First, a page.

To obtain the required voltage drop, light emitting diodes can be connected in groups in series or in parallel. In another embodiment, the individual light emitting diodes creating the backlight or each group of light emitting diodes in the cell can be individually controlled to optimize the uniformity of brightness.

Fig. 9 is a top down view of a backlight portion similar to that shown in Figs. 7 and 8, but in which light emitting diodes 10 are located at the corners of the cell walls 70. Therefore, each light emitting diode introduces light into four neighboring cells. An additional light emitting diode 10 (shown by a dashed line) can be located in the middle of each cell for extra brightness or better uniformity. Light emitting diodes at the edges of the backlight may be less, so that the edge cells have the same brightness as other cells, or the cells may have a smaller area.

Figure 10 shows the cross section of the edges of two adjacent cells or a segment in any of the described highlights, such as those shown in Figures 5, 8 and 9. Instead of the edges of the cell, which are vertical walls, the edges 72 can be inclined to reflect light 73 (using total internal reflection) up to the output surface 74 of the light guide 75. The upper portion of each edge is vertical.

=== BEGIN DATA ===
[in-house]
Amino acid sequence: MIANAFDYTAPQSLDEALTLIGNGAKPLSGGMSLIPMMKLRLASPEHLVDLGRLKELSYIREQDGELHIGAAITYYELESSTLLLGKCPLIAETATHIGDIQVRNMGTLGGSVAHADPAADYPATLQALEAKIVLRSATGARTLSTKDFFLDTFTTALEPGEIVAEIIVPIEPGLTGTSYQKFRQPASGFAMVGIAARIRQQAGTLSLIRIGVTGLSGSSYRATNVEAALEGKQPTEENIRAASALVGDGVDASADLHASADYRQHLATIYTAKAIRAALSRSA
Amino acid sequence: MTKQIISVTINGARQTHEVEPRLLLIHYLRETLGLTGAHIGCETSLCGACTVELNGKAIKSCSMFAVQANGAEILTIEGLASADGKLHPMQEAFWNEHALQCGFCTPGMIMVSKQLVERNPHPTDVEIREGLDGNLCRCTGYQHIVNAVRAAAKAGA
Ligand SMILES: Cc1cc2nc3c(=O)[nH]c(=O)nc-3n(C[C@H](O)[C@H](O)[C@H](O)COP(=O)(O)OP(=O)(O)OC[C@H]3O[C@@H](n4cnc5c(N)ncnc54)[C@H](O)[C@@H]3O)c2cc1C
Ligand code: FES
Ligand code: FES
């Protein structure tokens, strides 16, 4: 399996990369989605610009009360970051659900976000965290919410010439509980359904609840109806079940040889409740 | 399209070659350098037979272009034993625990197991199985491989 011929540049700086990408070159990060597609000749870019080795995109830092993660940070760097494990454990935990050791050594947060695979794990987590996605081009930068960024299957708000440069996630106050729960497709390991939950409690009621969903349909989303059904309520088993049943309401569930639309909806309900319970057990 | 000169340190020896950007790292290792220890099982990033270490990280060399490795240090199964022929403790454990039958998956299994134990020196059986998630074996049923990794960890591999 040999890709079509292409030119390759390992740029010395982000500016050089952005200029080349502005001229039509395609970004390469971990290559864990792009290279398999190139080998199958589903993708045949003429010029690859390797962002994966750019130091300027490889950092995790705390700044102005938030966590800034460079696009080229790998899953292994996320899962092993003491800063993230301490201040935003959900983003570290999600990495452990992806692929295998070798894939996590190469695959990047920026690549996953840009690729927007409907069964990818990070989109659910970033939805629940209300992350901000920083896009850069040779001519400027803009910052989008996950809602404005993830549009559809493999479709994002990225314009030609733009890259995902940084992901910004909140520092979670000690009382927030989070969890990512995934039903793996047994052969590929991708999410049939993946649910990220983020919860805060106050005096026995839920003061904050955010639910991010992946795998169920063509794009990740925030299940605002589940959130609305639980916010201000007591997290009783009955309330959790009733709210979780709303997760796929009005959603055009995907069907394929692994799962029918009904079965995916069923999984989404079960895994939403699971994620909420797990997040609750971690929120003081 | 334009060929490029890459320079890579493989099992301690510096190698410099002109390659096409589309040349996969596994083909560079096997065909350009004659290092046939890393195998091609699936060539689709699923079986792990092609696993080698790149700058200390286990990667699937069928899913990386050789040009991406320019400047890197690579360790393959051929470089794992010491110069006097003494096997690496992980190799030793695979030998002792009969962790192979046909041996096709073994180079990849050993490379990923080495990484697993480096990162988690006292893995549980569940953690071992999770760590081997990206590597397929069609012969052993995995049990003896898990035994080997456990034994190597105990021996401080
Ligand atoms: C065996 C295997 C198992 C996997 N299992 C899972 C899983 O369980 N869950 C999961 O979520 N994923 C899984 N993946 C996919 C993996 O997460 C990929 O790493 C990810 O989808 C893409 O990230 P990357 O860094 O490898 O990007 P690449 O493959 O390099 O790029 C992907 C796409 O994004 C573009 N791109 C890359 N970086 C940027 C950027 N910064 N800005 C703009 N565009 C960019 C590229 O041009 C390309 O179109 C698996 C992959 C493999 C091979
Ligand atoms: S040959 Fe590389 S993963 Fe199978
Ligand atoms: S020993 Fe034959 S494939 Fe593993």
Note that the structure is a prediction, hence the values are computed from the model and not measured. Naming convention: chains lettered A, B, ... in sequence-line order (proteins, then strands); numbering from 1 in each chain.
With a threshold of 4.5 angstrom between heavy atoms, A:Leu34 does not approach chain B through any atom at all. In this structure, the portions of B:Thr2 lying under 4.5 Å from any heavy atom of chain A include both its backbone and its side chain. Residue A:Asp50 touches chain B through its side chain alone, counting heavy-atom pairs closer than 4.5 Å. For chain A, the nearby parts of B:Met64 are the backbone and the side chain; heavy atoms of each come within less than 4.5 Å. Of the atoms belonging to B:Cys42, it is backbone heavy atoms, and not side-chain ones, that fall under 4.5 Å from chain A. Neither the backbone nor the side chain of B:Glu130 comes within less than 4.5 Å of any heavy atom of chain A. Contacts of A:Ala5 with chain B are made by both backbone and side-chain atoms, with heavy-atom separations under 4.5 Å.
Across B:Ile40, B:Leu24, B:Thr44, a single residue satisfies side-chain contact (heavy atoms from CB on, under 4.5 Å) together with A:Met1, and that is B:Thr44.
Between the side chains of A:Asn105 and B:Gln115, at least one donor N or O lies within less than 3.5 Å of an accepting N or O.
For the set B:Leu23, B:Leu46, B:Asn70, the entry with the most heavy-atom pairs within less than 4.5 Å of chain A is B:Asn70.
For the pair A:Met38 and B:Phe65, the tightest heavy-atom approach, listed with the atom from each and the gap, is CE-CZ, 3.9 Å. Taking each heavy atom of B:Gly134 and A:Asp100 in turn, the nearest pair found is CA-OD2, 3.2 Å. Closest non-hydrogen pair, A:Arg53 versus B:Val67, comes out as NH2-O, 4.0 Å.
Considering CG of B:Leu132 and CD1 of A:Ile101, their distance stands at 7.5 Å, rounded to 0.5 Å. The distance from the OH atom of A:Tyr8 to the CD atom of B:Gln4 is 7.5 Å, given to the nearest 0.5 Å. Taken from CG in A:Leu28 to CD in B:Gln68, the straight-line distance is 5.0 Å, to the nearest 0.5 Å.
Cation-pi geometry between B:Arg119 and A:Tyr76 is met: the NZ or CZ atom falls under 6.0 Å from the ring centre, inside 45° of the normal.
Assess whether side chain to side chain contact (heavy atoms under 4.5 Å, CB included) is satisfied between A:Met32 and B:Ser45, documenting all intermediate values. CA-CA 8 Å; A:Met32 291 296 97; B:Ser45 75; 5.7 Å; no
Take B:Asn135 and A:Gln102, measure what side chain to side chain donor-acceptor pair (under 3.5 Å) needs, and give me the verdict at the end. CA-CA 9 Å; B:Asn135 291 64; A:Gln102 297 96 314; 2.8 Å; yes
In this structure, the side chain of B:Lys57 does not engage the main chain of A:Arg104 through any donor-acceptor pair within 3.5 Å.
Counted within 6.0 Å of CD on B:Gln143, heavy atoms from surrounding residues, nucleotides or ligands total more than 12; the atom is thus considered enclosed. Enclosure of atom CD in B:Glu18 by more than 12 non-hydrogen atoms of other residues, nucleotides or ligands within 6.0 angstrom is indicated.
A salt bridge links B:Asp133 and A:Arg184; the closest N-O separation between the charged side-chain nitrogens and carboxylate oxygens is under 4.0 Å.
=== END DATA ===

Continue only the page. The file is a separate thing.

11 is similar to figure 10, but it shows the inclined edges 76, continuing all the way to the top of the fiber 77. The angles (tilt) of the edges can be optimized to obtain the best uniformity of light in each cell or to allow only a controlled amount of light to pass between adjacent cells, where the angle sets the amount of light of total internal reflection in comparison with the light that seeps and / or is reflected by the lower mirror into the neighboring cell.